Tuesday, January 12, 2016

The Snow Day That Wasn't

The forecast called for three inches of snow,
and the weatherman said not to doubt it.
Excitement mounted as the big snow approached.
We'd gone weeks into winter without it.

The buses would slide in their morning commute;
their tires would fail to get traction.
Some called off school before one snowflake fell;
Yes, most neighboring districts took action.

Our district did not - no, they waited for proof;
so we soldiered on through the flurries.
A half day perhaps? We just dared to hope;
but the hope only fizzled to worries.

By noon it was clear that the forecast was faulty.
The closed schools had jumped to conclusions.
Anyone hoping for sledding and cocoa
clearly suffered from snow day delusions.

We worked at our desks, feeling grumpy at best.
Our dreams of snowmen were fading.
At least we wouldn't have to make up the day;
so we trudged through assignments and grading.

Like Christmas morning without any gifts,
or the 4th of July with no fireworks show,
a bunny free Easter, a starless night sky...
it was a snow day without any snow!

Snow days are gifts for all to enjoy
and pity the person who doesn't;
but for those at home waiting or those of us working,
today was a miserable snow day that wasn't.

Tuesday, January 5, 2016

Happy Birthday from Galley Street

Granny knew she was not the best cook. She had a few dishes that she had mastered...vegetable soup, soup beans, meatloaf, and gingerbread or jam cake (for something sweet at Christmas). She cycled through her standbys regularly, adding cornbread here, a slice of fried bologna there. She made it clear that she would rather be reading than cooking.
My birthday was the exception...which made it an exceptional day. Granny tried to be the first to wish me a happy birthday, calling long before my alarm clock was set to ring.
"Happy birthday to you," she warbled, singing the whole song enthusiastically off-key. "Happy birthday, dear Lorrrrri. Happy birthday to you!"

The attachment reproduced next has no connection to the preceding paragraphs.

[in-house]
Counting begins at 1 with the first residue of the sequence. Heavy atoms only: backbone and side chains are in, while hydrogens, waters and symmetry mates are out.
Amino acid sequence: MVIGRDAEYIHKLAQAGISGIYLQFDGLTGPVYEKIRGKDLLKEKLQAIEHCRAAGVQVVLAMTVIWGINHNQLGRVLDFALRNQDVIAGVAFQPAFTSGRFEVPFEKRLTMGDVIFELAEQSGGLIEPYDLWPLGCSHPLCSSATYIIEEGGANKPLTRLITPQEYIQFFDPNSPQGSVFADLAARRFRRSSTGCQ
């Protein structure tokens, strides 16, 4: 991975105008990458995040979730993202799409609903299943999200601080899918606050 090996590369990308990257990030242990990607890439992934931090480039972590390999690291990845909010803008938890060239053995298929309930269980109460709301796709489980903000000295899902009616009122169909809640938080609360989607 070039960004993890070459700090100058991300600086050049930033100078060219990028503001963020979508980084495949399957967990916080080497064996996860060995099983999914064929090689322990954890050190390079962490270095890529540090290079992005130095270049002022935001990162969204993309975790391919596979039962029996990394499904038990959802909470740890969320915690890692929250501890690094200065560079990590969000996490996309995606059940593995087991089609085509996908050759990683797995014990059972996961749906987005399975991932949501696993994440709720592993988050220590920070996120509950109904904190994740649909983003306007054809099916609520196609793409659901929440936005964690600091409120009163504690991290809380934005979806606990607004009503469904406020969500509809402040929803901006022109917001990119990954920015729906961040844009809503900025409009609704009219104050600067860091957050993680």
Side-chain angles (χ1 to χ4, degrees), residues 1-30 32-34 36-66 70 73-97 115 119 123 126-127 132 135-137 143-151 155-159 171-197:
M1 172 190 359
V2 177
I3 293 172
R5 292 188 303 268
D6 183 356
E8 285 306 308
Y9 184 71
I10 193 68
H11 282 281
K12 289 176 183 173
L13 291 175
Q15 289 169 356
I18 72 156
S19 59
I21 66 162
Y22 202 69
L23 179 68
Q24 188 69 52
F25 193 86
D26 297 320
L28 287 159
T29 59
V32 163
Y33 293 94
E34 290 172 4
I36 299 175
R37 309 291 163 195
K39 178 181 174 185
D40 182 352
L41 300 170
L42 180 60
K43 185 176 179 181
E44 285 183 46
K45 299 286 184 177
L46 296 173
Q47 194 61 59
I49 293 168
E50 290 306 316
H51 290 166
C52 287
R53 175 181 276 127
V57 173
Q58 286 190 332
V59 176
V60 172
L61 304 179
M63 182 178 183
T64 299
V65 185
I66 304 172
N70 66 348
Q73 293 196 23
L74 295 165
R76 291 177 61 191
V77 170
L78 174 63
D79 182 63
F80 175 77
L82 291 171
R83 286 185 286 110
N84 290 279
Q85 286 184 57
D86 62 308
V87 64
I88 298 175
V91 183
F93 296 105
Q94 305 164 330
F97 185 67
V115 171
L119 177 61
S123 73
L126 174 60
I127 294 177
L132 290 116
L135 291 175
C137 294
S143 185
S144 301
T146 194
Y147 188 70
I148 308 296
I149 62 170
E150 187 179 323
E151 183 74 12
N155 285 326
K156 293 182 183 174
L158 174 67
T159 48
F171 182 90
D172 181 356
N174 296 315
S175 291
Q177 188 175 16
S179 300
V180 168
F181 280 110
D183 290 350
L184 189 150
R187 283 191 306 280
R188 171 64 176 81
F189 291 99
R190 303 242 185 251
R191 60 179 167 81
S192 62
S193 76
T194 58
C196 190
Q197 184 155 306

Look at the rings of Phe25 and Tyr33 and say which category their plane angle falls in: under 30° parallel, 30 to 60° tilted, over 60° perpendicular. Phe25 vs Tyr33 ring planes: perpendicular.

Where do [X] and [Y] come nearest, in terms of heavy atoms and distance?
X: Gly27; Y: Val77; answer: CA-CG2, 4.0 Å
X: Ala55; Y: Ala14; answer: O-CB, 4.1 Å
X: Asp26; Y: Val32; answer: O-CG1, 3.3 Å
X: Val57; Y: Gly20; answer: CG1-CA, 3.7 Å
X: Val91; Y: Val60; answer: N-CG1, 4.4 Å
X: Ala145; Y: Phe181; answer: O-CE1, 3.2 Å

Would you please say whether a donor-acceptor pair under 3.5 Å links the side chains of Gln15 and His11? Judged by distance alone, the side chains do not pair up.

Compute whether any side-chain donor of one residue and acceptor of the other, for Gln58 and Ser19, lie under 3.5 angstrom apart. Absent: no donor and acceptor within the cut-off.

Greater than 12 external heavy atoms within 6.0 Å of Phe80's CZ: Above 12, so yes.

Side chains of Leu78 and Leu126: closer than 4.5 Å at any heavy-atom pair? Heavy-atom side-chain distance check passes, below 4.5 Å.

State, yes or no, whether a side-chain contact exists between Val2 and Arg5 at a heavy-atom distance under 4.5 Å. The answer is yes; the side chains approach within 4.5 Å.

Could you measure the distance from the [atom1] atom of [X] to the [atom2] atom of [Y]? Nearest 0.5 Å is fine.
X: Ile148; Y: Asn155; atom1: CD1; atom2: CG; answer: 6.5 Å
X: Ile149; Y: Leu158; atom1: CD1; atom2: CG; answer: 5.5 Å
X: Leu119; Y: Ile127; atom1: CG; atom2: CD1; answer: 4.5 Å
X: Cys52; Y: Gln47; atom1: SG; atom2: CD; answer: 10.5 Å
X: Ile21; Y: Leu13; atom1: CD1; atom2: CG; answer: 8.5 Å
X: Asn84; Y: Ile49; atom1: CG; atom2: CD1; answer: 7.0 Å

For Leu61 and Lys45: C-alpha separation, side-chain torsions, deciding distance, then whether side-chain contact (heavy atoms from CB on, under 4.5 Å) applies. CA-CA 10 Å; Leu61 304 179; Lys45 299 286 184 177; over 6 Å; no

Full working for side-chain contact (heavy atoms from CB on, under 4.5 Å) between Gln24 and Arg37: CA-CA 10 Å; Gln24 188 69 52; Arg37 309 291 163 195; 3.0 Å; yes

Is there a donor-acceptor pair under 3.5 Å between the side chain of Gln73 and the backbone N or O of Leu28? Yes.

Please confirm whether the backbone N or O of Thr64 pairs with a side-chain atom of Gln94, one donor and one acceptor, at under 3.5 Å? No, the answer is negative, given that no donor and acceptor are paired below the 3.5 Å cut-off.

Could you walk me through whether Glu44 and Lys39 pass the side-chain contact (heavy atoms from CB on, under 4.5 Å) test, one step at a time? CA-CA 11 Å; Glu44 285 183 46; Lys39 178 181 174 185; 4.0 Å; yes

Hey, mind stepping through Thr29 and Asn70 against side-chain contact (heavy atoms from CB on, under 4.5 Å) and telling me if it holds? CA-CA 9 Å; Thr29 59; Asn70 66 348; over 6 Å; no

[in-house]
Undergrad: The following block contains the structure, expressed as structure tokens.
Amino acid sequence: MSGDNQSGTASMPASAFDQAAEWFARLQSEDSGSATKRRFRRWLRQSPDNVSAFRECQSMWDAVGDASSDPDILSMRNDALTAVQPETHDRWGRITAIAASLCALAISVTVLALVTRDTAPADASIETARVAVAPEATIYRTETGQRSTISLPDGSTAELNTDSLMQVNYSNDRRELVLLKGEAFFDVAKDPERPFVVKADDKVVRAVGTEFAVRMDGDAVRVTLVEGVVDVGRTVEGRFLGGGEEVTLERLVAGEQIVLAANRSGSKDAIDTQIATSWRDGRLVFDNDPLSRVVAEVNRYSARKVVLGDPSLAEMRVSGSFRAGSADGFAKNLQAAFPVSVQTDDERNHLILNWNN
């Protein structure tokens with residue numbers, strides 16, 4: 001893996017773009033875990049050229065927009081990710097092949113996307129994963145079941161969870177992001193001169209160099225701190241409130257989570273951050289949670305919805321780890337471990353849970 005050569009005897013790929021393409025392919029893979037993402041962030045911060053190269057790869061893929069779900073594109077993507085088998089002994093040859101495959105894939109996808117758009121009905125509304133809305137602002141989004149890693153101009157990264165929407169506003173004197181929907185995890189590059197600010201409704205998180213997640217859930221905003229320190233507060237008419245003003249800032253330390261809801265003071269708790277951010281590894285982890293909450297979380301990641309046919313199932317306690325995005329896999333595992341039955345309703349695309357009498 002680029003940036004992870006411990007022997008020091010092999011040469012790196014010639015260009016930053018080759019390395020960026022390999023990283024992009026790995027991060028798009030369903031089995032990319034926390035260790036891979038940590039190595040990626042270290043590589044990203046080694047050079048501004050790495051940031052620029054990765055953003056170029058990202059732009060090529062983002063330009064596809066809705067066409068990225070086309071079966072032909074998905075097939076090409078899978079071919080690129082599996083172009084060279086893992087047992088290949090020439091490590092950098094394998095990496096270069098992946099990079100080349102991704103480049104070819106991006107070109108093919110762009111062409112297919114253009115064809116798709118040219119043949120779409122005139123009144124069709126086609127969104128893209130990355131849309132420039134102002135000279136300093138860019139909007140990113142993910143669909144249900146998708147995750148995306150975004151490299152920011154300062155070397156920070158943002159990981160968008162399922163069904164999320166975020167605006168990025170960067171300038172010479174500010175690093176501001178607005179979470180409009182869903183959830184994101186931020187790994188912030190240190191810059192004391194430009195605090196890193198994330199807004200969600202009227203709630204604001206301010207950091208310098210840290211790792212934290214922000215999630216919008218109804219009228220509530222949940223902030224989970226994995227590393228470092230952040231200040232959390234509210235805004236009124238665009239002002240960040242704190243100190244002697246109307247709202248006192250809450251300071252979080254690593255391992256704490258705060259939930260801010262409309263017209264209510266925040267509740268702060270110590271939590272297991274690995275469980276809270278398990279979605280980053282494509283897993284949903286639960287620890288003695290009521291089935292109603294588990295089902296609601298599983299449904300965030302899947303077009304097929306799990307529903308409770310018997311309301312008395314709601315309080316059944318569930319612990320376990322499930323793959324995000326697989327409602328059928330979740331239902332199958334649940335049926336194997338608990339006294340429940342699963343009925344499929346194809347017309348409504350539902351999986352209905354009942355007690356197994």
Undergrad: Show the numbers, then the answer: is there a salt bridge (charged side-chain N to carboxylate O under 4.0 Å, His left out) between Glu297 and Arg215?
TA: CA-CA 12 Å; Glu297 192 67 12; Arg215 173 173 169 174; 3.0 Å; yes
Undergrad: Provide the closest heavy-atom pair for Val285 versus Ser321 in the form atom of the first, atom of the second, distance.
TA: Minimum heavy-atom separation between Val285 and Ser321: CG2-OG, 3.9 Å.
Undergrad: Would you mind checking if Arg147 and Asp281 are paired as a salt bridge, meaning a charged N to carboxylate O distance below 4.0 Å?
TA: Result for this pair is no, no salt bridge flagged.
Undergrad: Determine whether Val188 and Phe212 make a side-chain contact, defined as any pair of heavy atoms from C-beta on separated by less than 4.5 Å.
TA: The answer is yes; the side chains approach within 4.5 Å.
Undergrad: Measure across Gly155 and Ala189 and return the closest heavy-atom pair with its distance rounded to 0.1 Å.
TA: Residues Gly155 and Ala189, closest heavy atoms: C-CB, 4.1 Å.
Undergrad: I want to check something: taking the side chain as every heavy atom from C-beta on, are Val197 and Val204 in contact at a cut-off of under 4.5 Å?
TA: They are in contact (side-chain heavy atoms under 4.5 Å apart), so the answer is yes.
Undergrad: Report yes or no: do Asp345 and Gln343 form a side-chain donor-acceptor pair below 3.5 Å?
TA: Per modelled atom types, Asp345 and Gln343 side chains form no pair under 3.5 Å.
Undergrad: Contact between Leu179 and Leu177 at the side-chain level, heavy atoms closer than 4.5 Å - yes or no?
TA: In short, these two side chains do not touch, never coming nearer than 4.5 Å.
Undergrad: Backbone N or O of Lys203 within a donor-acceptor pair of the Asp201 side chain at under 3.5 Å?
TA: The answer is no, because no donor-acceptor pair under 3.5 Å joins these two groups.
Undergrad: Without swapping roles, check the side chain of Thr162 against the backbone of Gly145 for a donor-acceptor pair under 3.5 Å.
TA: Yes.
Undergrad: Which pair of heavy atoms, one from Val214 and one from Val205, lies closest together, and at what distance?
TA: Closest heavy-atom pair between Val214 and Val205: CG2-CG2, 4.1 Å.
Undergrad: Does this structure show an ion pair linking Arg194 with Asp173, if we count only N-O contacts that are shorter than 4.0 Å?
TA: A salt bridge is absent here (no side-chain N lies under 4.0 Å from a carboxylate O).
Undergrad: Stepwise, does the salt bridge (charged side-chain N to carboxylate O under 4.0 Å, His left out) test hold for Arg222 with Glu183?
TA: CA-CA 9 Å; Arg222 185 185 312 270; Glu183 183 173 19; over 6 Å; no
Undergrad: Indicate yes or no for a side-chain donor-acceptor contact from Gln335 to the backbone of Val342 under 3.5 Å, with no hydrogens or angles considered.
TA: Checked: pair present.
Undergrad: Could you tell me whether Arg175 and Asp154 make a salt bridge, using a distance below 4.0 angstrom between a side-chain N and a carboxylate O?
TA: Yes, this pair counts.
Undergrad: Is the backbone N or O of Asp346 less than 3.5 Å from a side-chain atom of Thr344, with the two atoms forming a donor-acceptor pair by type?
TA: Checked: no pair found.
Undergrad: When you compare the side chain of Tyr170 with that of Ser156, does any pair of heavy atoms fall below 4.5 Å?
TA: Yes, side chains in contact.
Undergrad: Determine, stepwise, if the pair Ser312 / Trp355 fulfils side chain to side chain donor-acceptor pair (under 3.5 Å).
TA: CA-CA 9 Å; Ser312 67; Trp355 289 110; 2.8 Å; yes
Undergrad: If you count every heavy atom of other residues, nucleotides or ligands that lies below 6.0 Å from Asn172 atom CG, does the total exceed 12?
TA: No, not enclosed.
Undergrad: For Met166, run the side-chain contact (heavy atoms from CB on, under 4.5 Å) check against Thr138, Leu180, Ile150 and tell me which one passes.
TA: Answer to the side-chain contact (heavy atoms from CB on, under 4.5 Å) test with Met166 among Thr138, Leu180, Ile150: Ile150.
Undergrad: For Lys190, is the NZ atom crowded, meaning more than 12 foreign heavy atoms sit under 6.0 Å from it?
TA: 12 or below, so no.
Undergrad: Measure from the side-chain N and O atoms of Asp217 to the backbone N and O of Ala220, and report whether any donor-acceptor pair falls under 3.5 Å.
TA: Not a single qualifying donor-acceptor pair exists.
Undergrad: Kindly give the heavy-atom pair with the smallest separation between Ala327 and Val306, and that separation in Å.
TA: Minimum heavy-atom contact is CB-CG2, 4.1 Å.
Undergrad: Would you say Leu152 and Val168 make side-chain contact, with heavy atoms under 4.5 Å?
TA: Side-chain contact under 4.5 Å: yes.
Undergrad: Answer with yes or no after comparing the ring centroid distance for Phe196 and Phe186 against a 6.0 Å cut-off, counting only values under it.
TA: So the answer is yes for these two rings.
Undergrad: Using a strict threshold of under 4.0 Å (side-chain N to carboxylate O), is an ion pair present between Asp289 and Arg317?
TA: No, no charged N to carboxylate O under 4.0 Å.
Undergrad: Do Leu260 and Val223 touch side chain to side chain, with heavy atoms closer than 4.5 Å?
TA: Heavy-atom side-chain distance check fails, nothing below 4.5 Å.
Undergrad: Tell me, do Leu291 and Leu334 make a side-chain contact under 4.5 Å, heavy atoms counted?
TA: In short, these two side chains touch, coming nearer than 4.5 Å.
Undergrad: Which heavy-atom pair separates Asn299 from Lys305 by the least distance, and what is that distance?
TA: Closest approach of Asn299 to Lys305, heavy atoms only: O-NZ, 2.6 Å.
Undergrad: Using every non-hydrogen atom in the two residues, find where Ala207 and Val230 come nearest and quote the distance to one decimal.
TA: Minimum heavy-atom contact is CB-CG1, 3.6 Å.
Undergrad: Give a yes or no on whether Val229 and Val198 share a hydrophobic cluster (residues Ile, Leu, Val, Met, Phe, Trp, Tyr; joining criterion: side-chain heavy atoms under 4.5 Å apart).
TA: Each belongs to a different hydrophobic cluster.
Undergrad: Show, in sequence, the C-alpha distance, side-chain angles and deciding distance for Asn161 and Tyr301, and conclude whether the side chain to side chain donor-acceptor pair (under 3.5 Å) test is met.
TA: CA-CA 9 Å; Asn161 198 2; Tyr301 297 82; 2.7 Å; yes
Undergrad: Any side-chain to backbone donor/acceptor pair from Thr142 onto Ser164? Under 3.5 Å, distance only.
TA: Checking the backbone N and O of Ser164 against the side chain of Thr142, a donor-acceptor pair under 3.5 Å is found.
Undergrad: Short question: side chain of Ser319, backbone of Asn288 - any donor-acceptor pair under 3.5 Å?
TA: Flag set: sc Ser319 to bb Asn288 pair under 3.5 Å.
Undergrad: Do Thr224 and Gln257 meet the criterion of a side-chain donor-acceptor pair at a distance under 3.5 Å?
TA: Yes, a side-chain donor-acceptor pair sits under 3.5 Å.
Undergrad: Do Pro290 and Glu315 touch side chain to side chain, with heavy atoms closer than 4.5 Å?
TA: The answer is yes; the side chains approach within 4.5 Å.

For dinner on January 5th (or as close to that date as we could manage), she fixed my favorite...salmon patties. She used canned "Double Q" pink salmon.
"Always pick out the little bones," she advised, as she carefully sorted through the salmon with her fingers. She added flour, egg, cornmeal, salt and pepper; then she patted the fish into round cakes about the size of the palm of her hand.
She set the skillet on the burner and poured in two caps full of Wesson oil. The gas under the burner flared blue.
While she fried the salmon patties, we talked about school and books and TV shows.
Sometimes she told stories about when she was a girl...how she used to pretend she was an opera star while she washed the supper dishes. I could just imagine her looking out her kitchen window, soap bubbles up to her elbows, singing made-up words in a loud vibrato (poor on tone, but rich with emotion).
Grown-up Granny set the salmon patties on a folded paper towel on top of a plate. We served ourselves, two salmon patties each, a heap of fried potatoes, a puddle of ketchup...a birthday feast.
While we ate, we talked. Conversation paused only long enough to chew and swallow. We lingered at the table, plates empty except for the paper towel on the serving dish. It was stamped with rings of golden oil where Granny had set the salmon patties so they wouldn't taste too greasy. Granny thought of everything.
After a while, she capped the ketchup bottle.
My birthday had begun with her song and ended with the two of us side by side. While I washed the dishes and she dried, we talked. Conversation continued, our birthday opera in a language all our own, accompanied by the clink of glasses, the clatter of silverware, and the gurgle of soapy water swirling down the drain.
I was another year older; and thanks to Granny, I was a little wiser. She knew how to make a birthday something special.